"This thing which I have called for convenience the Tao, and which others may call Natural Law or Traditional Morality or the First Principles of Practical Reason or the First Platitudes, is not one among a series of possible systems of value. It is the sole source of all value judgements. If it is rejected, all value is rejected. If any value is retained, it is retained. The effort to refute it and raise a new system of value in its place is self-contradictory. There has never been, and never will be, a radically new judgement of value in the history of the world. What purport to be new systems or (as they now call them) ‘ideologies’, all consist of fragments from the Tao itself, arbitrarily wrenched from their context in the whole and then swollen to madness in their isolation, yet still owing to the Tao and to it alone such validity as they possess. If my duty to my parents is a superstition, then so is my duty to posterity. If justice is a superstition, then so is my duty to my country or my race. If the pursuit of scientific knowledge is a real value, then so is conjugal fidelity. The rebellion of new ideologies against the Tao is a rebellion of the branches against the tree: if the rebels could succeed they would find that they had destroyed themselves.
Scholastic metaphysics provides the alternative to rebellion in the theoretical register. My survey of Dr. Feser’s book above highlighted one section where he derived from his metaphysics a method for investigating essences; in effect, when applied to the realm of the human essence, this is the foundation of accurate ethical theory. We can discover the essence, and so the purpose, of the human being by observation and reasoning, and from there determine what kinds of conditions and behaviours prevent us from reaching that end. In this way we can discover and acknowledge the entirety of the human good, and therefore avoid arbitrariness and gross immorality in our ethics."

Finally, for your enjoyment, here is a hearty defence at the hands of the Imaginative Conservative of scholastic truth:

"One of the pleasures of this book is that Dr. Feser is locked in argument with those who seek to explain reality but whose examination of it often leaves out something important. He is not afraid to say that an argument is “bogus” or “absurd” or “incoherent,” nor is he afraid to explain why. Dr. Feser says these things only after he shows the point that grounds his judgment. And lest we forget, philosophy is about judgment. Truth is in a judgment—we say of what is that it is and of what is not that it is not. What is particularly good about this book is its order. Truth is reached by critically examining observations and explanations that do or do not explain reality.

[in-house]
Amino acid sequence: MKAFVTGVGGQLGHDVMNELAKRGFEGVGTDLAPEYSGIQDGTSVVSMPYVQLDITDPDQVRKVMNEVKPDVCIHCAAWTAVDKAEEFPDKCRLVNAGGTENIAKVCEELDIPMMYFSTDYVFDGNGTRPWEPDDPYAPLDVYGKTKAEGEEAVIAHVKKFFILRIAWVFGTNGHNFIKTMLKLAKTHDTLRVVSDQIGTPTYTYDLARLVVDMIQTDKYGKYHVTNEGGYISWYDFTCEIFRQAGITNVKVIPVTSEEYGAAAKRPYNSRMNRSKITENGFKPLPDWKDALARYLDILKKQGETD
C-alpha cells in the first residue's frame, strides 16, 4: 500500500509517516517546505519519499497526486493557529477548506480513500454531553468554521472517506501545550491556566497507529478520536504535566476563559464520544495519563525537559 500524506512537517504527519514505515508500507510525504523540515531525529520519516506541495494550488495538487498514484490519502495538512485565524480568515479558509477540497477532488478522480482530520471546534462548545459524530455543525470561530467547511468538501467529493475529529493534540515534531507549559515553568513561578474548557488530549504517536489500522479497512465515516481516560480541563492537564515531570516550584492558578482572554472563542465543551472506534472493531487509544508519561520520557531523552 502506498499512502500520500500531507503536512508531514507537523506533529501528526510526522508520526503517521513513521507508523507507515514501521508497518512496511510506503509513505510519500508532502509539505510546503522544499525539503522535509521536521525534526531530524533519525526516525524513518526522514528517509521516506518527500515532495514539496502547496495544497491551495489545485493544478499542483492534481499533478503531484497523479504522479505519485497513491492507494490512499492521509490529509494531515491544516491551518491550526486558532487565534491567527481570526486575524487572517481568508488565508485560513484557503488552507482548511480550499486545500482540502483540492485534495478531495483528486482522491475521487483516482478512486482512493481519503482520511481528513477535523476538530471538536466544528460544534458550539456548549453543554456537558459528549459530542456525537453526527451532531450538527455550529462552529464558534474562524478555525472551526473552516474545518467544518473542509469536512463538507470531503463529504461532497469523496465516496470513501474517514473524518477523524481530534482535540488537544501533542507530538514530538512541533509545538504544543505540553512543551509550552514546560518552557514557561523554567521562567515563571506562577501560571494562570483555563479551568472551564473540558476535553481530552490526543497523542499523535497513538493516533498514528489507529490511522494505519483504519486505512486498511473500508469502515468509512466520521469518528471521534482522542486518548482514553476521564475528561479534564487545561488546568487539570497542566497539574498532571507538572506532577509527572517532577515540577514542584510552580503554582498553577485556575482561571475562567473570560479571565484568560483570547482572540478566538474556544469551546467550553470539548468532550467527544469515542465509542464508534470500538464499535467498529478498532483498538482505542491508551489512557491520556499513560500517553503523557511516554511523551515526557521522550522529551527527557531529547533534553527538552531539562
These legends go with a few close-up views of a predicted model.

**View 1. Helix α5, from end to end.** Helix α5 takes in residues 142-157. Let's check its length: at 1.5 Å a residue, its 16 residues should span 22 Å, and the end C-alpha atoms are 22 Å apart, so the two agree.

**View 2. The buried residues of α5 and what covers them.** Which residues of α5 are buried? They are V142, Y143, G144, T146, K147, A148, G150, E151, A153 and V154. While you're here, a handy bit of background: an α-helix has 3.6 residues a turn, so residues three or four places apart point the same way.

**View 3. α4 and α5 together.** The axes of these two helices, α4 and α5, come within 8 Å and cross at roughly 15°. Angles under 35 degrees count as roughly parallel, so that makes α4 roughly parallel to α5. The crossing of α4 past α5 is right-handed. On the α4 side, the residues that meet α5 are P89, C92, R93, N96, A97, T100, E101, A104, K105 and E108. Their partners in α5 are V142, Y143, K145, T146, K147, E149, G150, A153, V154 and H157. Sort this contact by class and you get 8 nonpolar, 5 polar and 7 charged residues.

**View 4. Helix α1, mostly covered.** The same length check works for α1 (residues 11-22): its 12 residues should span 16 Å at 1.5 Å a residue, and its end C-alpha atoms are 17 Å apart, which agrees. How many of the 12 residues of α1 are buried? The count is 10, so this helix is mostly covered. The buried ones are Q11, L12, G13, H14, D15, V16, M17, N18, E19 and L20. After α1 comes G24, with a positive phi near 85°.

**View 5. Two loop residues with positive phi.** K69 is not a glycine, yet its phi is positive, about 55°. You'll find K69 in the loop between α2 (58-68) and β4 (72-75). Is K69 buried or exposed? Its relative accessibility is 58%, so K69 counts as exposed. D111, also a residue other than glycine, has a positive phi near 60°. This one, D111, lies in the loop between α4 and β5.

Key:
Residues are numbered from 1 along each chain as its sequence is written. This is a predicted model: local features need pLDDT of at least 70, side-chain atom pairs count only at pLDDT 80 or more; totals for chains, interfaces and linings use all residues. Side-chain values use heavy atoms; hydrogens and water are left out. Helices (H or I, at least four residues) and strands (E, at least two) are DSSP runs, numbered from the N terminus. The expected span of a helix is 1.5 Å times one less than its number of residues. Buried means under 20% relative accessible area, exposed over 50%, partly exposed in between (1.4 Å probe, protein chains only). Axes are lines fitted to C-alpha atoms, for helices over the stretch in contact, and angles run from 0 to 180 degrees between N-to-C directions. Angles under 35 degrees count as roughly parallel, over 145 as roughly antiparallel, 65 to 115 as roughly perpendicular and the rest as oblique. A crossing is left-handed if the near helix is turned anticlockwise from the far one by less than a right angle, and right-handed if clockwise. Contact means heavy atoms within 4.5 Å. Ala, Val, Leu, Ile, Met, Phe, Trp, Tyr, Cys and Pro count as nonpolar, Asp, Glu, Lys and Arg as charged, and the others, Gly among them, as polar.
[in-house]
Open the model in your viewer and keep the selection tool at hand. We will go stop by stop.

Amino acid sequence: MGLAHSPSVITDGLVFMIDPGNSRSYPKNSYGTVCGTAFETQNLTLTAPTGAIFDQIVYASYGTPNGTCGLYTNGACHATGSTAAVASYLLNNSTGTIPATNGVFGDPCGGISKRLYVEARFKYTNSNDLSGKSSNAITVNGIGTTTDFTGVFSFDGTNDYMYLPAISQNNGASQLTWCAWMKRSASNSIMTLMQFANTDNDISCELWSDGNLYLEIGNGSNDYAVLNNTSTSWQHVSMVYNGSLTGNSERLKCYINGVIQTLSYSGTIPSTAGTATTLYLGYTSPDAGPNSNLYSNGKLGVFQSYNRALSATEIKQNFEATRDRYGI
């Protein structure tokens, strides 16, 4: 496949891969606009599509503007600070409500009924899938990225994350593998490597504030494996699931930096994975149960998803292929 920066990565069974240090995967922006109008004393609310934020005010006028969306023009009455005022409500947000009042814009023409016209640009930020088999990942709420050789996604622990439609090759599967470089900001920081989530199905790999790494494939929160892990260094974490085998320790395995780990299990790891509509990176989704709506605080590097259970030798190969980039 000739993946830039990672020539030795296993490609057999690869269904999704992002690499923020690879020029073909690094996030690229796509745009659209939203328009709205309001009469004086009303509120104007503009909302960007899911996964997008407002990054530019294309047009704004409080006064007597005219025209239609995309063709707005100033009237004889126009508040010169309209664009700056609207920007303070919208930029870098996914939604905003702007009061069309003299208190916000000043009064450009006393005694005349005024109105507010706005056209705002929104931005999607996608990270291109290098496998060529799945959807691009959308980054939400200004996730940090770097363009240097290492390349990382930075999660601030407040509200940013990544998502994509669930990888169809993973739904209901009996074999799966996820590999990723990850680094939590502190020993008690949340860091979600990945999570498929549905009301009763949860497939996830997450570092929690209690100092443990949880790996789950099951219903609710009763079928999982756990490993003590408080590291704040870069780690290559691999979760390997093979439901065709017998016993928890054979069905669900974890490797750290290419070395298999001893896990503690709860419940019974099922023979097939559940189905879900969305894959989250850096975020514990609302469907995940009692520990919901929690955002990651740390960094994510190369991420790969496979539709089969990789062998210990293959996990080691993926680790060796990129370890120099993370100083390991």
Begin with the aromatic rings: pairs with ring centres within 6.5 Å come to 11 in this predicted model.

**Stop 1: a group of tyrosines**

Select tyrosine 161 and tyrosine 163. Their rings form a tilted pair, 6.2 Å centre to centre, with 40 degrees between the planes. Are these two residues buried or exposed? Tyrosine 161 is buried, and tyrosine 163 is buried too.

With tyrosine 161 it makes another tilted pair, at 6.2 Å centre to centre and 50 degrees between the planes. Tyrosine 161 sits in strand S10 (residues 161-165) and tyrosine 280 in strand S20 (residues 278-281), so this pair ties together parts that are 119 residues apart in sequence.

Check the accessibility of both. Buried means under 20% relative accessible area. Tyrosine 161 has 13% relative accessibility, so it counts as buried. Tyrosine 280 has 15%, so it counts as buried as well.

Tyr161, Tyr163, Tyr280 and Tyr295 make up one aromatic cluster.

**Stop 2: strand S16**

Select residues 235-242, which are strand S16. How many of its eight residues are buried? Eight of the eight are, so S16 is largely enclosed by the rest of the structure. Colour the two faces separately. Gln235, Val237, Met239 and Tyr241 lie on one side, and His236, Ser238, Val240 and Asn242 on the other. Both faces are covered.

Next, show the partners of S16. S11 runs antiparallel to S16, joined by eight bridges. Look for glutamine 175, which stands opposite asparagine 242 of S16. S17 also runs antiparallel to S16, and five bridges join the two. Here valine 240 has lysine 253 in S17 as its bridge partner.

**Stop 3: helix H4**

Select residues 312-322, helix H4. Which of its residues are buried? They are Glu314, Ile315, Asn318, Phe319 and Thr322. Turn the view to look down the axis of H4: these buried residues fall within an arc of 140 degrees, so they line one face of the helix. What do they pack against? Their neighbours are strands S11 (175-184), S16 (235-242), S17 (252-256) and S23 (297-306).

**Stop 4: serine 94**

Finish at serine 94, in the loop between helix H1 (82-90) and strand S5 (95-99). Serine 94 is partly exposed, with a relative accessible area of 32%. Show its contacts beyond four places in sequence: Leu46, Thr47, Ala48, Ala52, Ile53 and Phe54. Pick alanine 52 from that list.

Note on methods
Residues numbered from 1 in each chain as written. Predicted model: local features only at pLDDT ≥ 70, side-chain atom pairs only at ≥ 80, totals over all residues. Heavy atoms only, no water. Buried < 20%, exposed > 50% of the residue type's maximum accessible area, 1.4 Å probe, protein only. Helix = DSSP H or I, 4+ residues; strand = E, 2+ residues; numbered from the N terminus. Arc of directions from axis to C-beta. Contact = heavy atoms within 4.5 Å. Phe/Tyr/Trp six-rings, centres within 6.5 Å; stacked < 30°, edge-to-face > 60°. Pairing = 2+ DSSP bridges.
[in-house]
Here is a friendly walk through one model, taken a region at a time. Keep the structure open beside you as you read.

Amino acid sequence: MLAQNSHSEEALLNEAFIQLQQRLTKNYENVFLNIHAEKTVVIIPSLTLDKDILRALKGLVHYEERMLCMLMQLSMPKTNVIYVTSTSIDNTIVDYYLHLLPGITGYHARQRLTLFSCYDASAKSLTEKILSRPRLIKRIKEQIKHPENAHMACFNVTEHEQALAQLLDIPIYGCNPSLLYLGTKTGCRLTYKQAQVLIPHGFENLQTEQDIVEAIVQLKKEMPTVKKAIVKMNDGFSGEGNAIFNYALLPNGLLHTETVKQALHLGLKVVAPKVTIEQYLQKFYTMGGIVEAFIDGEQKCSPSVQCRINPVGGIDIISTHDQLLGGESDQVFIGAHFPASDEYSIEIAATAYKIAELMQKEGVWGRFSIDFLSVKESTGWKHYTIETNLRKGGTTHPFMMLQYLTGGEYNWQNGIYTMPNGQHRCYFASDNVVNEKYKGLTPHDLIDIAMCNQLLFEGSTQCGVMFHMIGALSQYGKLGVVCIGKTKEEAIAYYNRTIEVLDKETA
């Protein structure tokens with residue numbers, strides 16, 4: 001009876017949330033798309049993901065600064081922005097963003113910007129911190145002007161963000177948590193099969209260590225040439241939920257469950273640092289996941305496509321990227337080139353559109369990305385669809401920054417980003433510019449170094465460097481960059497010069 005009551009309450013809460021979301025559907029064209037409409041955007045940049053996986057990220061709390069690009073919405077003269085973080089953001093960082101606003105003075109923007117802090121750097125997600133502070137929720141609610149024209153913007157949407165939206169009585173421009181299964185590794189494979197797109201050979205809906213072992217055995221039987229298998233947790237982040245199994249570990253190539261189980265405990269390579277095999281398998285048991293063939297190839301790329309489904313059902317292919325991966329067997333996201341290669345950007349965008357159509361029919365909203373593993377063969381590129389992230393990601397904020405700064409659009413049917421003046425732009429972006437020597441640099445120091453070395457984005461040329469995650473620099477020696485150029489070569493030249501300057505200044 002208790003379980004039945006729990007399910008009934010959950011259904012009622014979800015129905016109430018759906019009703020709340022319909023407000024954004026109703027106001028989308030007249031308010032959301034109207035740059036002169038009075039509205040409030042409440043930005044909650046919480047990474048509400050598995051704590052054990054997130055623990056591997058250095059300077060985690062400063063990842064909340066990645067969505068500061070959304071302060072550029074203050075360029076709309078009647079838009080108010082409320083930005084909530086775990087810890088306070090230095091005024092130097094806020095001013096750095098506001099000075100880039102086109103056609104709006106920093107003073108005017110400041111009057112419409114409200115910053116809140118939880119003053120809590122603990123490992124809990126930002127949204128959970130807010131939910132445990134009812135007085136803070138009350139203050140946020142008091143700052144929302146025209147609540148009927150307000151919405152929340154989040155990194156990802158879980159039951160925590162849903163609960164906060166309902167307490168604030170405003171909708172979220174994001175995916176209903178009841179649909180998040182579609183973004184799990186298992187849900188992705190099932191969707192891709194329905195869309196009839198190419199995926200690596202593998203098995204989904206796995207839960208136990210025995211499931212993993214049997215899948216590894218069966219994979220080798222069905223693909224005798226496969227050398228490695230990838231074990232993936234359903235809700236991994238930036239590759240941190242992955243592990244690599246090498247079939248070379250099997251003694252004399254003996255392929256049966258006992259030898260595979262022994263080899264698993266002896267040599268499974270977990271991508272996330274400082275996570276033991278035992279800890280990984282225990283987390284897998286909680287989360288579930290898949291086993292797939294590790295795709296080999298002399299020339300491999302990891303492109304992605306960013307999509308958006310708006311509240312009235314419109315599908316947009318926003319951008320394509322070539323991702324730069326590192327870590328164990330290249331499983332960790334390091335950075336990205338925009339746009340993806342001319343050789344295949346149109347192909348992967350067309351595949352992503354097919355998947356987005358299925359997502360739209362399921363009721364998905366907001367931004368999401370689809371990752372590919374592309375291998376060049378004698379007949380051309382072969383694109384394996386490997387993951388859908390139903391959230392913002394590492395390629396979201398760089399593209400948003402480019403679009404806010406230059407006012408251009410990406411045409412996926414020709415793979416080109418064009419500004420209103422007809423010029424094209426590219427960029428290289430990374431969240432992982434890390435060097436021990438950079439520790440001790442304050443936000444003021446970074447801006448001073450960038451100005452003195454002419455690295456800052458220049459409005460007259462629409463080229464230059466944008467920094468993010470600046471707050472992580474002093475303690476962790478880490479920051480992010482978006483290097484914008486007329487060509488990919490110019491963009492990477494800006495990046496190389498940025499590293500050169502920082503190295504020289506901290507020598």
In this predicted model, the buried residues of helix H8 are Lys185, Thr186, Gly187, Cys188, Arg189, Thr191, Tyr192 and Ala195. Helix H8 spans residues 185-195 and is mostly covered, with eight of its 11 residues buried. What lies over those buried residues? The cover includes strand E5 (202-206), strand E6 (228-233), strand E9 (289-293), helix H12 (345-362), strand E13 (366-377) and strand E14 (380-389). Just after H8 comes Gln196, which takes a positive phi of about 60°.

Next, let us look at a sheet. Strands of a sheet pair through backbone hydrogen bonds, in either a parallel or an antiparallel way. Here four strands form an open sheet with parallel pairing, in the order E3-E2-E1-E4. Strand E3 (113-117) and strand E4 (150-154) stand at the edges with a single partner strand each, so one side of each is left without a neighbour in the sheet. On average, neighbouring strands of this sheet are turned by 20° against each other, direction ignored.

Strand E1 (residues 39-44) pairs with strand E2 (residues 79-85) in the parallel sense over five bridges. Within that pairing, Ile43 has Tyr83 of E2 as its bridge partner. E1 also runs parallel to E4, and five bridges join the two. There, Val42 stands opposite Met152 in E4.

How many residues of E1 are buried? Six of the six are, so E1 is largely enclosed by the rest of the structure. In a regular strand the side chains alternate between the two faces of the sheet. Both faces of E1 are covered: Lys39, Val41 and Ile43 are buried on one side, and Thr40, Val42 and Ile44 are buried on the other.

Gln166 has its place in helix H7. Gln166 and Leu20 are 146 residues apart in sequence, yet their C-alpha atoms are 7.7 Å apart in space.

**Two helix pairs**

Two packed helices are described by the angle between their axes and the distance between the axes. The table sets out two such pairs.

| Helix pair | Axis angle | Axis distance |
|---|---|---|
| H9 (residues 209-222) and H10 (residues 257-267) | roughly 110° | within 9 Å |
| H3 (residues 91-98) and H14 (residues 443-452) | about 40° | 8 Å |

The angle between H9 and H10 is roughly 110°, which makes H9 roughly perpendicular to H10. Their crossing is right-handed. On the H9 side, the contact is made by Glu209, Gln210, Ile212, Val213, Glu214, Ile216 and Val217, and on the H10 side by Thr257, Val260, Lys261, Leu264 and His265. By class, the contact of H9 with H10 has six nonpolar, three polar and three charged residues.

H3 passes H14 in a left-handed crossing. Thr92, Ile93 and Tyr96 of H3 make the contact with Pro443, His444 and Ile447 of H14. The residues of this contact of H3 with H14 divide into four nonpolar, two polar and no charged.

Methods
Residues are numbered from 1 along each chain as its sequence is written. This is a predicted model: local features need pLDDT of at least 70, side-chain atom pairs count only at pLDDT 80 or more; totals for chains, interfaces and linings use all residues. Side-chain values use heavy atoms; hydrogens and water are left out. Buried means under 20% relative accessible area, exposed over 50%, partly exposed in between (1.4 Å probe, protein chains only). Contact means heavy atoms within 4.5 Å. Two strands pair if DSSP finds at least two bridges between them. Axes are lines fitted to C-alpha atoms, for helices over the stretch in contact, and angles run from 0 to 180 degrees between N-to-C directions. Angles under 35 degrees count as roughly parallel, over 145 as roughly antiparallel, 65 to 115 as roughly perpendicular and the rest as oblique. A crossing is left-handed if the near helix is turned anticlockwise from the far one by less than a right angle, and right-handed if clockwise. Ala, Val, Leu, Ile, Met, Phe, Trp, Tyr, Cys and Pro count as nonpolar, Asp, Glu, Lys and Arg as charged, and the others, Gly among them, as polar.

"In this sense, Dr. Feser’s book is quite the opposite of the “fuzziness” of the modern mind that claims that nothing is true or that all is relative. But once said, the truth of the position that nothing is true is open to judgment. This judgment is what Dr. Feser provides in this book. In this sense, it is one of the most refreshing books I have come across in years. Who else is willing to make a case, to articulate in the name of scholasticism, a cohesive case, for teleology, analogy, prime matter, causality, substance, common sense, esse et essentia, and the validity of the mind’s knowing powers?

"Dr. Feser is aware of many good philosophers who, like himself, are working their way through the modern mind. They discover, often surprising themselves, that their pursuit leads them to Aristotle, Aquinas, and the scholastic tradition."

This book thinks about reality: "Each section of the book—1) act and potency, 2) causation, 3) substance, and 4) essence and existence—carries the reader through the experience of actually thinking of these issues, of why they make sense. Thus, it restores that awareness of philosophic immediacy", of truth as "the self-manifestation and state of evidence of real things," as Josef Pieper writes in his 1960 book Scholasticism.

For scholasticism, "truth is something secondary, following from something else. Truth does not exist for itself alone. Primary and precedent to it are existing things, the real. Knowledge of truth, therefore, aims ultimately not at ‘truth’ but, strictly speaking, at gaining sight of reality."

Inspiring stuff!